- The Washington Times - Thursday, May 5, 2005

Dad, it’s not your imagination: Americans pay more attention to their mothers than their fathers, particularly as Mother’s Day looms — awash in flowers, candy and cards.

Sixty-three percent of people say “love” is the strongest emotion they feel toward their mother, compared with 41 percent who said the same about their father, according to a survey of more than 1,000 adults of baby-boomer age released yesterday by the AARP.

The survey also found that 40 percent named Mom as their favored parent, compared with 20 percent who said the same of Dad.

It’s not that fathers are unfeeling slugs, though.

Dad has some heart, according to a statistical portrait of American mothers and fathers by the U.S. Department of Health and Human Services.

The data found, for example, that 78 percent of fathers said watching children grow up was “life’s greatest joy.” Eighty-three percent of mothers agreed.

The numbers also revealed that — across all ages and races — three-quarters of fathers hugged their children, while two-thirds regularly told their children they loved them.

Culture does not necessarily reflect such sentimental findings, though. Mother’s Day became an official annual national holiday by presidential proclamation in 1914; Father’s Day didn’t make the list until 1972. There’s also a divide between how we celebrate the occasions.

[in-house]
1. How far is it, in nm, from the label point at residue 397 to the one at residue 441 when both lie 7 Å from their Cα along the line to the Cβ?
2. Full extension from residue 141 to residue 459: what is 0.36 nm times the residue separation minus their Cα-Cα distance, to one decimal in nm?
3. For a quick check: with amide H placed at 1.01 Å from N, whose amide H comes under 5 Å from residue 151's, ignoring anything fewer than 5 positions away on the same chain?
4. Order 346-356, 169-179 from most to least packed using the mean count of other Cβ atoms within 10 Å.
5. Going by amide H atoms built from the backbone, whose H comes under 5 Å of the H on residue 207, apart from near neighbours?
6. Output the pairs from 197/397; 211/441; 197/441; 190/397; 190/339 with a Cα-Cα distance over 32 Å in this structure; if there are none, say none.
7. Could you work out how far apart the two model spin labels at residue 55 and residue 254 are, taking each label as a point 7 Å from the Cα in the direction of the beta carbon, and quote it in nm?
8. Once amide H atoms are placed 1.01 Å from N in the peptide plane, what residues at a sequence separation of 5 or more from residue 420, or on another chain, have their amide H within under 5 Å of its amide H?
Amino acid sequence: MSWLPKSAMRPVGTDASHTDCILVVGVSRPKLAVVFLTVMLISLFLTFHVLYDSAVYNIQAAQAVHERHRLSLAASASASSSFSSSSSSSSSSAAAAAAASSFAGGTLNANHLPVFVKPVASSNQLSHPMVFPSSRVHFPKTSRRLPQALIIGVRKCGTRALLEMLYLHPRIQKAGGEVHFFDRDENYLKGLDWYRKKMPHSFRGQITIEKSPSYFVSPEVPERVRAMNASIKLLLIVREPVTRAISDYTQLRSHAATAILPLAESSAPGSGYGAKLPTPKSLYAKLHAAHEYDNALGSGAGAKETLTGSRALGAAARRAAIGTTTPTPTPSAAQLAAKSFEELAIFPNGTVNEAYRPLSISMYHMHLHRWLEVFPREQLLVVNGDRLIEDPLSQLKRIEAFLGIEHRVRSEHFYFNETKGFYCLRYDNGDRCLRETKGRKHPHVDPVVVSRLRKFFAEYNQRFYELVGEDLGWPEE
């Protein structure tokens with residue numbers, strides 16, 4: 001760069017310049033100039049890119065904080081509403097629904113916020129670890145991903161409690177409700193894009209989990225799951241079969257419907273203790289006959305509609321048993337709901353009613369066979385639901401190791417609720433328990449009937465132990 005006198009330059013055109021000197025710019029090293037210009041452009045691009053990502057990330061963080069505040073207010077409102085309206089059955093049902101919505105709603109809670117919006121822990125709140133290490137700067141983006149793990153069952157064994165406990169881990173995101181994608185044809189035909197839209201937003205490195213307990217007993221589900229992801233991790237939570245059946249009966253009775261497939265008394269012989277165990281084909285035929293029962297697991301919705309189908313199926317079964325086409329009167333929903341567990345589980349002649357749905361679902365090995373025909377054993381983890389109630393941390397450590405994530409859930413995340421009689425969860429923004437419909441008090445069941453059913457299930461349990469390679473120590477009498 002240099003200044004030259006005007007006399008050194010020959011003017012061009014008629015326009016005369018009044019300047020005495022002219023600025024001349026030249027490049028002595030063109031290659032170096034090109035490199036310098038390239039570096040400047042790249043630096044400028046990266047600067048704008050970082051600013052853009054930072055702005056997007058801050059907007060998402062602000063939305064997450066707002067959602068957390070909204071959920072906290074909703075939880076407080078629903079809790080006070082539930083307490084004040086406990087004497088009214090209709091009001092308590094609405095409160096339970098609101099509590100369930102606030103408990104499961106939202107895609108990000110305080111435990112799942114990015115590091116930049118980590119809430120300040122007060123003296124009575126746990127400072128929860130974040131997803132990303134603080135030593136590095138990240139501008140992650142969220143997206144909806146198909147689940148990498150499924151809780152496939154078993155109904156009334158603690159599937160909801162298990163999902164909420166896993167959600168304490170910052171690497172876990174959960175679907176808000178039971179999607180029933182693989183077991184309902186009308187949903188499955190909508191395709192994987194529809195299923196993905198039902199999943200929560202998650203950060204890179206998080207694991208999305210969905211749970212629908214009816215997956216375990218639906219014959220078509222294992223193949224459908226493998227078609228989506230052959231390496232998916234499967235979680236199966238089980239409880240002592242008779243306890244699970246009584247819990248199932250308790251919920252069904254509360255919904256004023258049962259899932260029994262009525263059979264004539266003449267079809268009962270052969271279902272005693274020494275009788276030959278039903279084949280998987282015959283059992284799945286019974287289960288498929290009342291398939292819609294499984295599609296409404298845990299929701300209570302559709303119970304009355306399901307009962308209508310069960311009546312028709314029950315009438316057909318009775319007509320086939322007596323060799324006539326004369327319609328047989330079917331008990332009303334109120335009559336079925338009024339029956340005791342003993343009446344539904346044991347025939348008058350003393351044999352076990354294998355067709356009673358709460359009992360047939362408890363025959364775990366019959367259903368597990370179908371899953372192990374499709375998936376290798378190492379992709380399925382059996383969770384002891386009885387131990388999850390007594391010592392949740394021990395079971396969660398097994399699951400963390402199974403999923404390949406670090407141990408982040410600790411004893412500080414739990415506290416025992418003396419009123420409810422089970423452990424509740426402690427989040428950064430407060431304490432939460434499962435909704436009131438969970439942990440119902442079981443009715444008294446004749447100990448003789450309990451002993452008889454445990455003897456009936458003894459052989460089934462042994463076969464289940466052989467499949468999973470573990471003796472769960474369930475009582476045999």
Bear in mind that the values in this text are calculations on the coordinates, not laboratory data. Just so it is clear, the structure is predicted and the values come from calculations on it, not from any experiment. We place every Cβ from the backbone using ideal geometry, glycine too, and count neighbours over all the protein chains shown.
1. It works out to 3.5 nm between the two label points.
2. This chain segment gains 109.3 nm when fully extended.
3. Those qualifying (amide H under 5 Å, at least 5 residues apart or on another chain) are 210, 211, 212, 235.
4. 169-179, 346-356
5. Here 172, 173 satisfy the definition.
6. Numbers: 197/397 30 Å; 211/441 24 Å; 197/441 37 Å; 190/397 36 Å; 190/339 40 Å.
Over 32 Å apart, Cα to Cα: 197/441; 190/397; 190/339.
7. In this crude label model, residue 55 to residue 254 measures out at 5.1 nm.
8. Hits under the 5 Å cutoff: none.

Hallmark will sell an estimated 152 million greetings cards to Mom this year, and 95 million to Dad.

A poll of 1,035 consumers by American Airlines and Omni Hotels found that half of them were willing to “splurge” on a Mother’s Day gift, while 38 percent would do the same for Dad on his day. They’re also more willing to travel farther to see their mother.

But such is Dad’s lot in life, apparently.

The National Retail Federation also notes an enthusiasm gap between Mother’s Day and Father’s Day. Last year, for example, Americans spent $8 billion on their dads and $10 billion on their moms on the occasions.

Spending on mothers is up by almost 10 percent from what it was at this time last year — while spending on fathers is down by about 15 percent.

In recent years, some have argued that popular culture is marginalizing and even trivializing fathers — “distancing Dad,” in the words of Richard Weissbourd, a Harvard University education specialist.

Whether Mother’s Day is a manifestation of that remains to be seen, though.

“Much of this goes right back to the umbilical cord. There’s a biological bond with mother that goes beyond words,” said psychologist Robert Butterworth. “We hear lots of expressions of ‘mother’s love’ rather than ‘father’s love.’ … I don’t know if it’s proof fathers have been marginalized in our society.

“But one thing I would advise. During all the celebrations Sunday, Mom needs to lean over to her kids and whisper, ‘Now, don’t you forget about Father’s Day’.”

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